Smuggle mischievous JavaScript into WinRAR archives? Sure, why not

Proof of concept could lead to nasty phish

The popular WinRAR compression software can be abused to produce self-extracting archives that execute smuggled-in JavaScript code when decompressed.

A proof-of-concept exploit to pull off the trick has been published, and its creator reckons it works on all versions of WinRAR.

It's not quite the end of the world, though: only HTML and JavaScript hidden within the archive is parsed and executed, rather than arbitrary machine code. And being a self-extracting archive, it's basically a .exe file you're asking people to download and trust to run, anyway.

But it's pretty amusing that this kinda flaw exists.

WinRAR has been a popular shareware unzipping tool for Windows users over the last two decades. It is plugged heavily thanks to many reviews by software download sites like CNET and Softpedia.

Iranian researcher Mohammad Reza Espargham revealed the hole on the Full Disclosure security mailing list.

"The vulnerability allows unauthorised remote attackers to execute system specific code to compromise a target system," Espargham told Full Disclosure.

"The issue is located in the text and icon function of the 'text to display in [the self-extracting archive's]' window module. Remote attackers are able to generate [their] own compressed archives with malicious payloads to execute system specific codes for compromise."

Youtube video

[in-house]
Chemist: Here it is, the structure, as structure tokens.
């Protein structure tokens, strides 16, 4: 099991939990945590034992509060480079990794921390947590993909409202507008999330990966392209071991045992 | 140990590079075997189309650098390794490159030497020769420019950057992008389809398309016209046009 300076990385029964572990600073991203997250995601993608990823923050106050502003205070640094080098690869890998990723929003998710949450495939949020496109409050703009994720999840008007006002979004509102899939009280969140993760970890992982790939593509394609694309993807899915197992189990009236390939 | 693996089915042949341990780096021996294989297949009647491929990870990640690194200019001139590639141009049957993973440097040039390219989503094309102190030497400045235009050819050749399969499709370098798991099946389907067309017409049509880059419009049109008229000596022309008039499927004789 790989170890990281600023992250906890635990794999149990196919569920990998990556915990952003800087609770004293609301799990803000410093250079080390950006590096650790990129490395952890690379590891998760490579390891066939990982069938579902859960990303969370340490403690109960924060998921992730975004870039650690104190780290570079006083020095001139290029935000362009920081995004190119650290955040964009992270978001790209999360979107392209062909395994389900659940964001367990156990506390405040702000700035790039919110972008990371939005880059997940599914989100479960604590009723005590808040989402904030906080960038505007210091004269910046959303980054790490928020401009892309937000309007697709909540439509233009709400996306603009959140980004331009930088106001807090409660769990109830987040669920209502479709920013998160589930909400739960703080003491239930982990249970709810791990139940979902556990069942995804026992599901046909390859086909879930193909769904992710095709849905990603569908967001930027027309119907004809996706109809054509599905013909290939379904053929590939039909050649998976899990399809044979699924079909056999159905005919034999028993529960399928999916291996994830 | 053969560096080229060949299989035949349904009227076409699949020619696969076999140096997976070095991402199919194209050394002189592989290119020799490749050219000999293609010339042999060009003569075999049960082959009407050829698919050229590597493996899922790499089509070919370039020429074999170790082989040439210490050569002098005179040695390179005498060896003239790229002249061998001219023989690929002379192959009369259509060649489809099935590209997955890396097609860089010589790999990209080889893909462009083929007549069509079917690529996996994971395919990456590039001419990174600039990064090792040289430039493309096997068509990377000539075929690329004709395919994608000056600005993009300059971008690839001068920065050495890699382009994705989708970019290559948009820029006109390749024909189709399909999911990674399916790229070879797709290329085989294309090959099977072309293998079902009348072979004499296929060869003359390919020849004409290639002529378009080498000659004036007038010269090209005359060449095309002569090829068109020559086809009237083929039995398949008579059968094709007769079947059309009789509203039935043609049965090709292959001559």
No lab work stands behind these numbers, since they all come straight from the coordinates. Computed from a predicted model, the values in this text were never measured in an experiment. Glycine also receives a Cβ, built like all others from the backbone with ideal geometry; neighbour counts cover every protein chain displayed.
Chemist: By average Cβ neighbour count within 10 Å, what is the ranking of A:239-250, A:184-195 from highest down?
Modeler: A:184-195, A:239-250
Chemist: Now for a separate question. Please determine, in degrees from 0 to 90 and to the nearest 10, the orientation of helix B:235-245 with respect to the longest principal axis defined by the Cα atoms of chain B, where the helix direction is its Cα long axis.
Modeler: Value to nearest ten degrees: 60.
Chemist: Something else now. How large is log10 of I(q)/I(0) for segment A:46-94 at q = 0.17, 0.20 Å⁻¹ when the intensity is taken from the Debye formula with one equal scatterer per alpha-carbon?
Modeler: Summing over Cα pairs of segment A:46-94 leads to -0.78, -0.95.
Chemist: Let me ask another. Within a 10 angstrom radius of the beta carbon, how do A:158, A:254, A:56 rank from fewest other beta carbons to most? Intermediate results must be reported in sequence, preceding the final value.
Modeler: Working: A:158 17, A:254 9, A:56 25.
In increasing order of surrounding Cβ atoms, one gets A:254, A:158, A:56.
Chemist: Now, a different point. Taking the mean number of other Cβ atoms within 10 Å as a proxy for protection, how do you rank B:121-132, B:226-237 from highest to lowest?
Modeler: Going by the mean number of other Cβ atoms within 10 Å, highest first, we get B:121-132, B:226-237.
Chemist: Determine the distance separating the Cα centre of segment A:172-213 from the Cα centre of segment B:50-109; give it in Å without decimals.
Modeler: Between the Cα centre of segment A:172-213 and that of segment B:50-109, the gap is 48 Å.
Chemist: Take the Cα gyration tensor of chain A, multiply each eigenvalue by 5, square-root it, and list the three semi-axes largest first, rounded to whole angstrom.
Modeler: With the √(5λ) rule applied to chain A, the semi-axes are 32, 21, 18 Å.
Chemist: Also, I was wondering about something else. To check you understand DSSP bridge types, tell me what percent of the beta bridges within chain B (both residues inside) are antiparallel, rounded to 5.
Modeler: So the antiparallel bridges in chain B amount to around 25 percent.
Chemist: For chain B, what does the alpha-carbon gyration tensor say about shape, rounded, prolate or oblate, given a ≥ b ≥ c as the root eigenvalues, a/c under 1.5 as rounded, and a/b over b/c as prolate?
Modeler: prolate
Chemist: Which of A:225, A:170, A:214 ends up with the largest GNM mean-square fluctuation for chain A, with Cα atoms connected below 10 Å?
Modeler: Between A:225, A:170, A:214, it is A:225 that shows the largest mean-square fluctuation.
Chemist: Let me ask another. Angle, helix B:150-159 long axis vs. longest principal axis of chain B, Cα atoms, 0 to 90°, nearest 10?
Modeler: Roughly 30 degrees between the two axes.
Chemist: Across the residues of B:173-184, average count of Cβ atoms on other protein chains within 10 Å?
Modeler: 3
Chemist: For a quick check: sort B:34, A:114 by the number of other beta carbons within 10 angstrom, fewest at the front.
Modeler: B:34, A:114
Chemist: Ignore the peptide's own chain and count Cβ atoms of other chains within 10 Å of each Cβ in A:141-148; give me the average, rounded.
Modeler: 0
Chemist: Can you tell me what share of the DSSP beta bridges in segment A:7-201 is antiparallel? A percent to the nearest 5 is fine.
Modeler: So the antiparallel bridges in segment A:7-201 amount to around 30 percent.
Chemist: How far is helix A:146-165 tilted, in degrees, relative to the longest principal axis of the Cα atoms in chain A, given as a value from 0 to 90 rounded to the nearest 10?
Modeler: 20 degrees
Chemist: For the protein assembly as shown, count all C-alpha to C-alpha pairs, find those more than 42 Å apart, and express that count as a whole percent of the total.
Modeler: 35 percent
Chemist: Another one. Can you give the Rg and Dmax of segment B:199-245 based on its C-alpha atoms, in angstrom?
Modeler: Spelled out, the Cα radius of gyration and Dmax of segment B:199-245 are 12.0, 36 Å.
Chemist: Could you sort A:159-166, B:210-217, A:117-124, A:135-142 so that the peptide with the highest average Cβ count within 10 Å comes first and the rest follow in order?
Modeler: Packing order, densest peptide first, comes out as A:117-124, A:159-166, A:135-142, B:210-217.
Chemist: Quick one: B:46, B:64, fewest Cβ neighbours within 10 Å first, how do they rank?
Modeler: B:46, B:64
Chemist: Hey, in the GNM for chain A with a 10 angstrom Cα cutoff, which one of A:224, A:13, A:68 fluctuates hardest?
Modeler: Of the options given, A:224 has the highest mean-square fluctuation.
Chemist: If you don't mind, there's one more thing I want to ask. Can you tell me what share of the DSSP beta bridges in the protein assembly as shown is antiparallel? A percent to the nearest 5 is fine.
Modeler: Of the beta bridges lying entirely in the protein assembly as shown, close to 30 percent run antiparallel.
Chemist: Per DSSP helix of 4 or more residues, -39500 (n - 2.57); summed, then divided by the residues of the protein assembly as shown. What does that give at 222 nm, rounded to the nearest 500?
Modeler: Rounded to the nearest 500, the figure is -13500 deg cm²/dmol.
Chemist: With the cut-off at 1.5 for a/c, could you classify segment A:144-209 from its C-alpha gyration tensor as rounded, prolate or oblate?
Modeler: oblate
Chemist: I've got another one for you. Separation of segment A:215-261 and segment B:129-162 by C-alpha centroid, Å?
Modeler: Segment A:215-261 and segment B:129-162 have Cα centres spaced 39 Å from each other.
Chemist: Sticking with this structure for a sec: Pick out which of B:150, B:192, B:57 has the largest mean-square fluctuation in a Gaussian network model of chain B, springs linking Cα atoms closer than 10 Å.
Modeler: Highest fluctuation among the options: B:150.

The HTML and JavaScript injected into WinRAR self-extracting archives will execute when the file is decompressed; these scripts can pull in malicious executables from the internet and run them, or cause other mischief – perhaps even exploit a vulnerability in whatever JavaScript engine is being used.

The proof-of-concept code downloads and runs the SSH tool Putty.exe, by way of example.

If you can find suckers who will trust a .exe labelled as self-extracting archive over any other program they download from the web, then you can trick them into running your smuggled JavaScript.

MalwareBytes researcher Pieter Arntz says the proof-of-concept code needed subtle tweaking for it to work properly.

"The proof-of-concept requires some trivial changes before I got it to work," Arntz said, but that might have been down to a Perl version conflict. ®

Editor's note: This story has been updated to clarify what's possible when exploiting the flaw.

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